Home truths: Blanch is Dublin's most desirable spot
Perception is a funny thing. Back in the Celtic Tiger years, I talked to a Russian engineer about the housing choices made by Eastern Europeans when they arrived in Ireland - many coming to take jobs on then-thriving construction sites. I noticed that few among our new wave of 'Dubskis' chose to rent in the very areas to which native Dubs had always aspired.
Piotr was delighted with himself for having just obtained a lease for a new house in Blanchardstown in west Dublin, which he was preparing to share with three other compatriots. I asked him why none of the incoming migrants from Russia and other former East Bloc countries seemed to have any interest in the "leafier" parts of Dublin 2, 3, 4, 6 and 9? Weren't the houses far more elegant? Weren't these locations more central?
He screwed up his face in obvious distaste: "These have nothing but dirty old cold houses." He explained that Russians almost always preferred a new home to an old one in just the same way as they preferred new clothes to old. He couldn't fathom why Dubliners got so excited about period property. "In Blanch the houses are modern and new and clean, and we are right beside one of the country's best new shopping centres and some of the best roads. For little money we can afford more space to entertain at home. We are also far from the noise of the city and near the countryside for picnics at weekends."
Piotr was pleased too that lots of other Russians were living in the area. "We can have lots of Russian parties, yes?" For the Russians in 2005, Blanchardstown was the best address you could have in Dublin bar none. And when you think about it in a detached way, this view makes sense.
But a decade on, long established Irish views on housing are changing fast - perhaps even in line with Russian thinking. There is a growing feeling - for largely practical and cost-effective reasons - that new is good and old is bad.
Although I wrote 15 years ago that we were witnessing the death of the semi-detached house, it's demise was postponed by a seven-year long property crash. Many 'new' semis today are either located in towns outside the main cities or are a hangover from plans put on ice when the crash kicked in, and restarted more recently.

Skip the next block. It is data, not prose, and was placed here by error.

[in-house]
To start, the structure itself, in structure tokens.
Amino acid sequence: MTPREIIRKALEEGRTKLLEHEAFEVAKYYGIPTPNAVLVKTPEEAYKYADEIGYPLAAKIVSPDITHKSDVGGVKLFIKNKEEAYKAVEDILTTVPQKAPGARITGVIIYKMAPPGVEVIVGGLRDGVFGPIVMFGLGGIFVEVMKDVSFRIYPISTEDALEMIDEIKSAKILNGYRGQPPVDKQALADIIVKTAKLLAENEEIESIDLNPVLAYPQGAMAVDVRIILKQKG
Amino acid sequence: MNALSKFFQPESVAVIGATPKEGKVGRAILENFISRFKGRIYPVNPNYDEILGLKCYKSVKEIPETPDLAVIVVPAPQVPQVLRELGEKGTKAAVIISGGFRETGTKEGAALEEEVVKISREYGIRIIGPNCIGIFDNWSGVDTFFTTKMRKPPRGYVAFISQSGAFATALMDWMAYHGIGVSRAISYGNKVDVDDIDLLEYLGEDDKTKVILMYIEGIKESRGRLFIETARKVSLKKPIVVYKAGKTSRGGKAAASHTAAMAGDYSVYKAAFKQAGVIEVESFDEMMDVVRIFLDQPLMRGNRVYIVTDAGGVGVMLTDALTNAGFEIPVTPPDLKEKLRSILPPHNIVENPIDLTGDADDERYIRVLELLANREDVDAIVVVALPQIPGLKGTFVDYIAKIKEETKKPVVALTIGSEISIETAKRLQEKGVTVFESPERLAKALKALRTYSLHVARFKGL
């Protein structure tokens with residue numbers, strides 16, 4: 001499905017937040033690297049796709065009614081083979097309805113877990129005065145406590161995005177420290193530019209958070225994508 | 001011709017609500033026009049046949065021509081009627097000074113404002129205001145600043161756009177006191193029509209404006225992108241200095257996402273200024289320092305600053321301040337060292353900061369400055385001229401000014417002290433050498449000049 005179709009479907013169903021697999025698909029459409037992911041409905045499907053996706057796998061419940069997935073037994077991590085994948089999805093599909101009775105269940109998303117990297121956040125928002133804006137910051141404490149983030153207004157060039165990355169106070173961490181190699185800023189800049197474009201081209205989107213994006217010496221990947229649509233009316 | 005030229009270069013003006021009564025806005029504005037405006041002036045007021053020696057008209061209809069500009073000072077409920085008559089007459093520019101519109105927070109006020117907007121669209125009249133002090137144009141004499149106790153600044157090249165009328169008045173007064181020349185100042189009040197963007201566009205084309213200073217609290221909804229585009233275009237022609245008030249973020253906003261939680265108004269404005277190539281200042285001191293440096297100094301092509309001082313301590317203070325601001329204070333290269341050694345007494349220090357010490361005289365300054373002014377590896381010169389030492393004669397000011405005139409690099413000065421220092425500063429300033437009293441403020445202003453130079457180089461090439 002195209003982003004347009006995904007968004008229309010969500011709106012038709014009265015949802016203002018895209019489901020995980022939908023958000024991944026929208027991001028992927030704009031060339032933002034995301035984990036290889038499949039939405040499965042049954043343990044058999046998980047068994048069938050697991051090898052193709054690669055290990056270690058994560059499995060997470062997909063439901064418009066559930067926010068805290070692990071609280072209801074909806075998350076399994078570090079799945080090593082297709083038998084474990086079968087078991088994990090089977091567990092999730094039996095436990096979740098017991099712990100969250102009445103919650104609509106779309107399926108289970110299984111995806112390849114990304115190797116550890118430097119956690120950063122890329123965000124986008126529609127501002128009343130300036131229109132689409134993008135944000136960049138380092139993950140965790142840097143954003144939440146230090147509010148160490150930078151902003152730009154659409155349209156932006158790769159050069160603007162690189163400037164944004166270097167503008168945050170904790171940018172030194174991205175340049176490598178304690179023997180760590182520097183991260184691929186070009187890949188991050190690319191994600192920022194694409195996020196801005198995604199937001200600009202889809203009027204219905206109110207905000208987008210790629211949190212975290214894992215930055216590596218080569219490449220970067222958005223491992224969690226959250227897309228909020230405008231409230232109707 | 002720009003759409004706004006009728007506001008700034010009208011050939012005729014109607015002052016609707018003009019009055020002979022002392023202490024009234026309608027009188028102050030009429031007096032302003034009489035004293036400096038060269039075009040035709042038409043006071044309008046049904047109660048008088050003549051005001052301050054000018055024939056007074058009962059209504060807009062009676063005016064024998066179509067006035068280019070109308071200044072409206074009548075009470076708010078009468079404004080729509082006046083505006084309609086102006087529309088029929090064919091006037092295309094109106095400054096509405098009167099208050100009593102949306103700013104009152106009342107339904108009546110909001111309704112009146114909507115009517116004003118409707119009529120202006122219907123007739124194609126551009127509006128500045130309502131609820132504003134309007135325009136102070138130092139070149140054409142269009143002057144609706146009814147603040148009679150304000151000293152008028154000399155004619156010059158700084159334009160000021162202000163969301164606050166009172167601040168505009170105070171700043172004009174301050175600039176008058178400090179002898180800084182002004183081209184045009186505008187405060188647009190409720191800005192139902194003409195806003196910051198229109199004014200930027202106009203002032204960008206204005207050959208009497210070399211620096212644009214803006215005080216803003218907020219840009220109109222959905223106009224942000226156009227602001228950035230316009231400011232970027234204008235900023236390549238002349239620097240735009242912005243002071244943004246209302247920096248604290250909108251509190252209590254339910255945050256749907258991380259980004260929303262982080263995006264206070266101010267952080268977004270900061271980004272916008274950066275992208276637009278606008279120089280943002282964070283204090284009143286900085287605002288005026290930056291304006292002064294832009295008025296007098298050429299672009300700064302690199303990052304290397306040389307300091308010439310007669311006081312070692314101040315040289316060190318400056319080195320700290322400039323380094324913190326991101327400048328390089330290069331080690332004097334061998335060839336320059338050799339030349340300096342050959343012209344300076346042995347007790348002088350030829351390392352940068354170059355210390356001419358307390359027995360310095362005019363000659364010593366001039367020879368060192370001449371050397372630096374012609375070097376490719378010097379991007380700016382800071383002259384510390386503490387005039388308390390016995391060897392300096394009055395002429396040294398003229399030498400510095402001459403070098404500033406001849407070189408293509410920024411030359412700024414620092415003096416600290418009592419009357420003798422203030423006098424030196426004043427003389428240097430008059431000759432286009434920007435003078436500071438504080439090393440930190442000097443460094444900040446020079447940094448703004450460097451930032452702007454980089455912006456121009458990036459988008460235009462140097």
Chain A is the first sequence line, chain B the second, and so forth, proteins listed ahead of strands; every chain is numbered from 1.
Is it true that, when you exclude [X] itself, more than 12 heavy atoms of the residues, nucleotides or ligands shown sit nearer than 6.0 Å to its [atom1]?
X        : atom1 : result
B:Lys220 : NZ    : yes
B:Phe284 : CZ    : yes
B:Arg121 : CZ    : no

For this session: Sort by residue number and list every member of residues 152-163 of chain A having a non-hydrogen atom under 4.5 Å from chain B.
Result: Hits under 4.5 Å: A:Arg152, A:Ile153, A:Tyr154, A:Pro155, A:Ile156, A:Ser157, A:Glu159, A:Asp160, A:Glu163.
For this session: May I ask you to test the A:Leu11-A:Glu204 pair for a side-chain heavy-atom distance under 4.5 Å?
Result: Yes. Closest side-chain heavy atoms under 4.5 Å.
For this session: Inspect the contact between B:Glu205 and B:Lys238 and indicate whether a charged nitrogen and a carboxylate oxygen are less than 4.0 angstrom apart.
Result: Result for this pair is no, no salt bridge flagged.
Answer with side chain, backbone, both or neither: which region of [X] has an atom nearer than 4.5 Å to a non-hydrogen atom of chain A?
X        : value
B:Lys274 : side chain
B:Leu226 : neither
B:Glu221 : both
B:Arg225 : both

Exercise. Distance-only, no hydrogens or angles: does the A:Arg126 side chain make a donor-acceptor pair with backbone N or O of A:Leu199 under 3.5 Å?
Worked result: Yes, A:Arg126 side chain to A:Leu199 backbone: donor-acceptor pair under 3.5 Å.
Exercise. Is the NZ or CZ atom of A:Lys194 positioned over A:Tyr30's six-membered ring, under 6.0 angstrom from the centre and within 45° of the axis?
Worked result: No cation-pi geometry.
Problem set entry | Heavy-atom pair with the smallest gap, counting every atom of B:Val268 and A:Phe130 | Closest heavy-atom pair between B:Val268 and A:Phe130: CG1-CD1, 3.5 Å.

But with the market recovered and new homes being designed and constructed from scratch once more (albeit in small numbers), it is becoming apparent that Irish city houses are undergoing perhaps the greatest transformation seen in 100 years.
The changes are happening thanks to the increasing cost of land, of heating and energy; thanks to growing environmental concerns, to tightening regulations, because of improvements in technology/materials and lastly, because of changes within society itself with smaller and more fractured families becoming the norm.
Look at our New Home View section today and you will see a selection of family properties in the cities which are almost unrecognisable from the long standing Irish suburban norms - these are three storey, high density homes with super high levels of insulation. With land costs high again, not an inch of space is wasted. Different materials are employed. Heat pumps generate warmth almost gratis from the depths of the earth and super efficient A-rating insulation keeps all of it in.
Because there has been an almost complete hiatus in new home construction since 2007, these changes have become suddenly apparent. And the revolution continues to move at speed. Soon most homes will be constructed in a factory and assembled on site. Bathrooms and kitchens will arrive on a truck as 'pods' already completed to order.
We are also witnessing the beginning of a complete re-evaluation, from younger Irish home buyers in particular, about what they really want from a home. Whereas the first-time buyer of 2006 might have been happy to buy an old red-brick terrace in the city and do it up, the first timer of 2016 will have a far keener eye on energy consumption. Older, larger houses and the semis constructed from the 1950s on are therefore destined to fall in popularity as energy saving/generating technology continues to improve. Passive House technology for example (currently being sought for dwellings by Dun Laoghaire Rathdown Council), can reduce energy bills to almost zero. In contrast, the semis constructed in 2001 will stand you a bill of €200 per month plus.
Perhaps the greatest change in perception will take place in rural Ireland in which the Celtic Tiger saw thousands of 'McMansions' constructed over a 10 year period - 3,500 sq ft houses with six bedrooms and five bathrooms but with no proper insulation to speak of. Their owners will be feeling that this winter either in their bones or in their pockets. And just like 2005's 'Dubskis', in the capital younger buyers will be soon be hankering for Saggart, Swords, Ashtown and Blanch.